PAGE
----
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VOIP ideal for hiding secret messages?

Computers & Mobile Technology
VOIP ideal for hiding secret messages?

The 50-cent word here is “steganography,” which per Wikipedia is “the art and science of writing hidden messages in such a way that no one, apart from the sender and intended recipient, suspects the existence of the message.” You may have heard, for instance, that you can encode a hidden message in, say, an image file, in such a way that no one who wasn’t looking for it would know that it’s there.

Well, this morning Danger Room linked to a post at IEEE Spectrum to the effect that Voice Over Internet Protocol (VOIP) is particularly susceptible to steganographic hijinks. Wired’s David Pierce put it this way:

There’s only the smallest possible time for interception to happen since all data is stored locally rather than redirected through a central server. Plus, since so much data is being sent back and forth, large messages can be sent without causing any alarm. Unlike an image or video, which can be downloaded and analyzed at anytime, there’s no way to get at and store files sent with VoIP.

18 thoughts on “VOIP ideal for hiding secret messages?

  1. Becky Stern says:

    I <3 steganography. I once used it to hide an image of Waldo inside a Waldo-less scene .jpg.

    1. Matt Mets says:

      Oh my, this hurts my head!

    2. Nate says:


      I think you should start a weekly contest to find your hidden waldos!

      Of course, with all of the crypto fans out there, I’d never stand a chance of winning…

    3. Sean Michael Ragan says:

      Genius! Why don’t I know about this already?

  2. says:

    Maybe we should stop communication, because secret messages could be sent!

    Also, I think I heard that some people use languages when communicating that not everybody understands, which seems to be a cause for concern.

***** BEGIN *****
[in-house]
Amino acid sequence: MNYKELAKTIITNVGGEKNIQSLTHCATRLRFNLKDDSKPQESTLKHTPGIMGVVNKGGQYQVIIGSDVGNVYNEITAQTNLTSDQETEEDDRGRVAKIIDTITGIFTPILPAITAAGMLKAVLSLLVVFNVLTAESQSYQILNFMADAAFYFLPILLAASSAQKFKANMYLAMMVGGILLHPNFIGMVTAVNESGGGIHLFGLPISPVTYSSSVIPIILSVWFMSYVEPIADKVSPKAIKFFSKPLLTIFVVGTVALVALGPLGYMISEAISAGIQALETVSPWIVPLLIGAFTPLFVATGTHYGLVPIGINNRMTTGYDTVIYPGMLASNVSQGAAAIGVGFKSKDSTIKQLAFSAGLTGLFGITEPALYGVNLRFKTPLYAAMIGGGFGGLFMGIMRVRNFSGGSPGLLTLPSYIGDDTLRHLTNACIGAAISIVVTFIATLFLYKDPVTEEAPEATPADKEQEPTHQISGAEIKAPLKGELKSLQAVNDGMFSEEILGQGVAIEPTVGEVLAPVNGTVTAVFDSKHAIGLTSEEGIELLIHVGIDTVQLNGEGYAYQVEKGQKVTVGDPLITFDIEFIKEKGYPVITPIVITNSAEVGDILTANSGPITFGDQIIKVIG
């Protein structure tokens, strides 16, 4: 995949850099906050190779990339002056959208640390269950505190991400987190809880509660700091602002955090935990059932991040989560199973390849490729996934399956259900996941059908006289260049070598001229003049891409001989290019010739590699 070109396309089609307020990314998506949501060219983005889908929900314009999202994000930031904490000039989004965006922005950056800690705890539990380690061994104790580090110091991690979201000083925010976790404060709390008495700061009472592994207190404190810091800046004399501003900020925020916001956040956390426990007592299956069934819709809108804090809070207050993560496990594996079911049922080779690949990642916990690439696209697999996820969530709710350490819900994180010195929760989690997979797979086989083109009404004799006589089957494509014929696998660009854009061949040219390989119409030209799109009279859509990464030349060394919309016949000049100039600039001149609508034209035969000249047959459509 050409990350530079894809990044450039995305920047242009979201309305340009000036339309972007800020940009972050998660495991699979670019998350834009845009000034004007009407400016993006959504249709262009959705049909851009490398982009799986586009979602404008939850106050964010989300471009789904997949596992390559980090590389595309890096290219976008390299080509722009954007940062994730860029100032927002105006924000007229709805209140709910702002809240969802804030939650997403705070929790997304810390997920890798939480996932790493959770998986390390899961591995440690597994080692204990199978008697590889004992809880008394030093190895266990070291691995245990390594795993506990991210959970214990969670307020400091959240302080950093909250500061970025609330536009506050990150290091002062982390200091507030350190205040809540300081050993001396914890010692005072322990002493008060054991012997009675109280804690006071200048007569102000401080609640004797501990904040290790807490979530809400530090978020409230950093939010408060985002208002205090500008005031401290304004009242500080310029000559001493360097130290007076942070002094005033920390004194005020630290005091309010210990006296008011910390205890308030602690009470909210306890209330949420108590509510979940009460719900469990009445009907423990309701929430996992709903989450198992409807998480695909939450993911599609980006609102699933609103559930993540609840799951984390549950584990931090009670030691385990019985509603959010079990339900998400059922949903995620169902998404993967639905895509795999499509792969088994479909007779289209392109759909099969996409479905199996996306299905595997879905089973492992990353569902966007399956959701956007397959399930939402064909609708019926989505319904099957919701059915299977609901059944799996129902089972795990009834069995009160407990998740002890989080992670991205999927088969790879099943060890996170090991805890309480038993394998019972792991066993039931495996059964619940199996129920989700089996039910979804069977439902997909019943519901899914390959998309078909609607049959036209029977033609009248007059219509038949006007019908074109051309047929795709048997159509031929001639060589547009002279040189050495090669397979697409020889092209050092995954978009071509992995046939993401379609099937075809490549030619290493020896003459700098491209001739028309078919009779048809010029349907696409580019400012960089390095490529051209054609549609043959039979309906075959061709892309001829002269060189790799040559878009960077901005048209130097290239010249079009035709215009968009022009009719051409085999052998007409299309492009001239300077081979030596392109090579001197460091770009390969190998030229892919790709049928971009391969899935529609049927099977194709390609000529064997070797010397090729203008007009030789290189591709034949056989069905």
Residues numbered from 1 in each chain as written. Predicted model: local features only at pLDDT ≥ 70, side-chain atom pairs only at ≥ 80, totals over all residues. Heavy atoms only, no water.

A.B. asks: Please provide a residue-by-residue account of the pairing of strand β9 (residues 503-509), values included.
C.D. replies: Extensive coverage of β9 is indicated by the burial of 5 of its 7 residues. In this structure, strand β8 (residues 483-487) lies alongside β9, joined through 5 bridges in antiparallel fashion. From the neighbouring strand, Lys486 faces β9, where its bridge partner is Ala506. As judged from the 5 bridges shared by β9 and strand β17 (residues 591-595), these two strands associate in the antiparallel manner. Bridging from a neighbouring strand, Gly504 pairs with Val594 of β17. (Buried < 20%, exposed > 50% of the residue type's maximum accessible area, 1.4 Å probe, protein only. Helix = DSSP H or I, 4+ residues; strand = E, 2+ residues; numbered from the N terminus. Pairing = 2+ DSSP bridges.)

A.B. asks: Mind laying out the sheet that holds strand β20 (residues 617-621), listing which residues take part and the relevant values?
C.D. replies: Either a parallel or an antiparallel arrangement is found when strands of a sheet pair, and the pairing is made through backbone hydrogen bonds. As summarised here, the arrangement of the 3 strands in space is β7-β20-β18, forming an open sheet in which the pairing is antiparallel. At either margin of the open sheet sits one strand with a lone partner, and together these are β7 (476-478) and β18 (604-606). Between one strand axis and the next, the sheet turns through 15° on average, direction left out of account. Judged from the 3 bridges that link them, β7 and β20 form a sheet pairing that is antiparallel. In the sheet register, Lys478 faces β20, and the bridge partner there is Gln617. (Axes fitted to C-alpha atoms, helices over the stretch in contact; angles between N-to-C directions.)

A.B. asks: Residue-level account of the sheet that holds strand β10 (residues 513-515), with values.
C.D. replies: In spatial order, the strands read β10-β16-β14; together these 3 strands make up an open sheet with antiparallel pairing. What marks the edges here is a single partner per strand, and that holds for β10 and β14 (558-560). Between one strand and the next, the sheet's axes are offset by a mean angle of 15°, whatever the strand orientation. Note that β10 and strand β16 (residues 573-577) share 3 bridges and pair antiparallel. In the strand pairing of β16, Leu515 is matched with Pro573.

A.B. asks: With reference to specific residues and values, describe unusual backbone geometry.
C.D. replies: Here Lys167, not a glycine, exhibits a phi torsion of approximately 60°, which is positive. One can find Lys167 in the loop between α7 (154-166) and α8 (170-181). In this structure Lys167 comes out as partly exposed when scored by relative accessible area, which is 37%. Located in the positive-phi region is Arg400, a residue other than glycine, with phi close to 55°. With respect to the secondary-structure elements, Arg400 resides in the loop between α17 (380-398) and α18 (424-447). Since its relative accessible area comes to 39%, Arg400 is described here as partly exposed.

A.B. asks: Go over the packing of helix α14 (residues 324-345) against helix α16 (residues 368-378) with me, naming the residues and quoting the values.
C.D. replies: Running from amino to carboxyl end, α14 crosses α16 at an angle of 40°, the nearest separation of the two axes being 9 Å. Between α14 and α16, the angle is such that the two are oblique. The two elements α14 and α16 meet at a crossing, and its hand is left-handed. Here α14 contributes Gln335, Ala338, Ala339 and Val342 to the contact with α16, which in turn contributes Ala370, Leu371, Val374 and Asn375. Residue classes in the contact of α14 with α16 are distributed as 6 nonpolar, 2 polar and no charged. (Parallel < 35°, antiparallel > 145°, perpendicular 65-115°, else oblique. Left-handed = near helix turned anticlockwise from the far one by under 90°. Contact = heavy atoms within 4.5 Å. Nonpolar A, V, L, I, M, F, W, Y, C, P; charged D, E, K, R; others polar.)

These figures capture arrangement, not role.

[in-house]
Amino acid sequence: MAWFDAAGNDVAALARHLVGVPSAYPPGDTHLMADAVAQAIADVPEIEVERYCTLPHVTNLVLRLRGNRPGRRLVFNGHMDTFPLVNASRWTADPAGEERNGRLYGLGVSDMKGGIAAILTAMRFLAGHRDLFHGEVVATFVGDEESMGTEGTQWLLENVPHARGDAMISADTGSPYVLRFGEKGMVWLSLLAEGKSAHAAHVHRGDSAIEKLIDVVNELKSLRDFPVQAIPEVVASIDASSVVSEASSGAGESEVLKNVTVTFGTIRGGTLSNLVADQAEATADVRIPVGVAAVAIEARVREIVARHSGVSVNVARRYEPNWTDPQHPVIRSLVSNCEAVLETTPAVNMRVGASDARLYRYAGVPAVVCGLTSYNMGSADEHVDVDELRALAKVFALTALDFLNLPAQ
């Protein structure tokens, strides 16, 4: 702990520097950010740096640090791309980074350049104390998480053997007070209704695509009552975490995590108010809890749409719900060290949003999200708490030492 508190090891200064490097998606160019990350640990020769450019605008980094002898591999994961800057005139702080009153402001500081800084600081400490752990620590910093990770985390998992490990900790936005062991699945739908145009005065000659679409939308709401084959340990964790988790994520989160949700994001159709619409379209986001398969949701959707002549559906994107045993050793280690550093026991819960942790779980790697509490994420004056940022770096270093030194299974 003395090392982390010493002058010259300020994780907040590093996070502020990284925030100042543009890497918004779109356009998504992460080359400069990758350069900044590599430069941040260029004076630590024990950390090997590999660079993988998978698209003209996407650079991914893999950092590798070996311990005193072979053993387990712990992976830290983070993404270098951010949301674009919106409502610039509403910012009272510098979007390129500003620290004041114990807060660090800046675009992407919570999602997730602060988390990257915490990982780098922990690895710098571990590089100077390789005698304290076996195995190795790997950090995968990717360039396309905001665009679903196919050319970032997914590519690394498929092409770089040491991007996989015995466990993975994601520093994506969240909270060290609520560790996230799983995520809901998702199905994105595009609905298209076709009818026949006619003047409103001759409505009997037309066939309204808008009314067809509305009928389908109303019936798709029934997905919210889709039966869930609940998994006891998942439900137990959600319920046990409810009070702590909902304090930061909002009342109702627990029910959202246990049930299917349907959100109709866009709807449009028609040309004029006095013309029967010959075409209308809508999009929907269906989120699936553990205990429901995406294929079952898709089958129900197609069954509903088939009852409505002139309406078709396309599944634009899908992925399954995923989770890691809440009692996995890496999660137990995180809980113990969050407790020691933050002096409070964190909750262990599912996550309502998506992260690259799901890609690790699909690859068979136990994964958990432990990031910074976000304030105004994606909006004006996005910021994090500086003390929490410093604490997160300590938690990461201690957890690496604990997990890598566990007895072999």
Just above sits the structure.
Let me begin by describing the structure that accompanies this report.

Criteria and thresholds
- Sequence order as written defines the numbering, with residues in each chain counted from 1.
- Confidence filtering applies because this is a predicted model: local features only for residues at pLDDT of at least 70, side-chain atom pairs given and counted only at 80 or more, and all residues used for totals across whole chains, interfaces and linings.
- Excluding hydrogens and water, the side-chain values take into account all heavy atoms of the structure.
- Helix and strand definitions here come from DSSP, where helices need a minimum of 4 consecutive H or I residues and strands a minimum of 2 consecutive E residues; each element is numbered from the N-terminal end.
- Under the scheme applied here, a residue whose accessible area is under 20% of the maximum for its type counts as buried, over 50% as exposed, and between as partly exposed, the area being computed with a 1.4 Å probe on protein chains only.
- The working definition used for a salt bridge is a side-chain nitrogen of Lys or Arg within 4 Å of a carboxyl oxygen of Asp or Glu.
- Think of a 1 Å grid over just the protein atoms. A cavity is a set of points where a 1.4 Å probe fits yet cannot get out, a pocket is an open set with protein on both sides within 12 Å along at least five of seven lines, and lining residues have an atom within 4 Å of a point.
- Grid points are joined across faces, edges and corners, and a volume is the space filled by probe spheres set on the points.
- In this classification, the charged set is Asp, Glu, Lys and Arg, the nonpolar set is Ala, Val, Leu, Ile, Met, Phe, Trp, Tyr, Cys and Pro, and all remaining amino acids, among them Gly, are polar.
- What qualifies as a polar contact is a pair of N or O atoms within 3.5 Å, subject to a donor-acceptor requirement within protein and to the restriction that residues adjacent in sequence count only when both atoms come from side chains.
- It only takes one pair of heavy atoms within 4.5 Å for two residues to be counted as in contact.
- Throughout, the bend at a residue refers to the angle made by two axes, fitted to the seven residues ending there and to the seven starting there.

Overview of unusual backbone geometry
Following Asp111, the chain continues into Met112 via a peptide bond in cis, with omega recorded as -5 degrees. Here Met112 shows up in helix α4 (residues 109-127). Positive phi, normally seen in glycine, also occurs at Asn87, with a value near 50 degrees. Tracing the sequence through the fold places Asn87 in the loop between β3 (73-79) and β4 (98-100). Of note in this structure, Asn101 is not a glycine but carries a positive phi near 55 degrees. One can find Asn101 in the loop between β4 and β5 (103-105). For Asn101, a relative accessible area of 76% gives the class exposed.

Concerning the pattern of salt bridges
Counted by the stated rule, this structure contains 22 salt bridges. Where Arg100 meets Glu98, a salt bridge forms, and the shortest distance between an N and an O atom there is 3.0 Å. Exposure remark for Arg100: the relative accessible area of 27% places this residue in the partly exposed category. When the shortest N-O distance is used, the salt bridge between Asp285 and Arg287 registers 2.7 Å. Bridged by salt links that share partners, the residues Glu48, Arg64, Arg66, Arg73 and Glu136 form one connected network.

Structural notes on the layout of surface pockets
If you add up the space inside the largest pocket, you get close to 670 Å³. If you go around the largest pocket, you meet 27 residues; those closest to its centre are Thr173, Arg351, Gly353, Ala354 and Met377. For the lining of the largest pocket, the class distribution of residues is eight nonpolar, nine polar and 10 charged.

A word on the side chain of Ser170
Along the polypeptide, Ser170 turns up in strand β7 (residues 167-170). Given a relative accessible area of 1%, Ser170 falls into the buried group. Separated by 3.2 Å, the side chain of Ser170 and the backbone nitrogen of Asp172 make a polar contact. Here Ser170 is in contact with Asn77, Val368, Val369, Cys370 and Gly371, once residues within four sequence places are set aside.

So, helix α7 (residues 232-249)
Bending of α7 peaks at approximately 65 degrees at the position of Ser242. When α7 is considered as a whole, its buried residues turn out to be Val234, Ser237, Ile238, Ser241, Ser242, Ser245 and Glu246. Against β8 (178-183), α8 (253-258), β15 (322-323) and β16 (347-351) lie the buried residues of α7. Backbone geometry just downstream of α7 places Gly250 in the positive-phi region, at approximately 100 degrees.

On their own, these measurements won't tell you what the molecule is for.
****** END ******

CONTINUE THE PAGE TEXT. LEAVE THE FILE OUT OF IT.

3. sirwilliamjr says:

    I wanted to try this myself after reading this and the Wikipedia page, so I downloaded the example image from Wikipedia:

    and wrote some Matlab code to get the hidden image out. I know that Matlab isn’t standard for photo editing, but I’m an engineer and it’s what I know…

    There must be equivalents to these commands in other popular languages.

    >> orig=imread(‘StenographyOriginal.png’); %import image
    >> imshow(orig); title(‘original image’)
    >> bit1=bitget(orig(:,:,:),1); %least significant bit (:,:,: -> all rows, cols, colors)
    >> bit2=bitget(orig(:,:,:),2); %second least sig bit
    >> bits=bitset(bit1(:,:,:),2,bit2); %set 2nd bit of bit1 to be value from bit2
    >> hidden_img=bits*85; %make 85 times brighter
    >> figure %new figure
    >> imshow(hidden_img); title(‘extracted image’)

    Now, I’ll take some of my own images, compress them to 2 bit depth (divide and round the matrix in Matlab), and use bitset to copy those values onto another image cropped to the same size.

    This may be common sense to a lot of people, but I was a little proud of myself for figuring it out.

    1. sirwilliamjr says:

      I thought I just caught a typo in my link and code (Stenography vs. Steganography), but it turns out the typo was in the original file from Wikipedia, so it should be fine, FYI.

    2. Sean Michael Ragan says:

      I know little about the math, but I would not have expected that it could be done with so few lines of code. Nice.

  4. Eddie Edwards says:

    “Unlike an image or video, which can be downloaded and analyzed at anytime, there’s no way to get at and store files sent with VoIP.”

    Er, unless the operator of the switch you’re using turns on call recording …

    I’d like to see how the steg data survives a transcode, too!

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I am descended from 5,000 generations of tool-using primates. Also, I went to college and stuff. I am a long-time contributor to MAKE magazine and My work has also appeared in ReadyMade, c't – Magazin für Computertechnik, and The Wall Street Journal.

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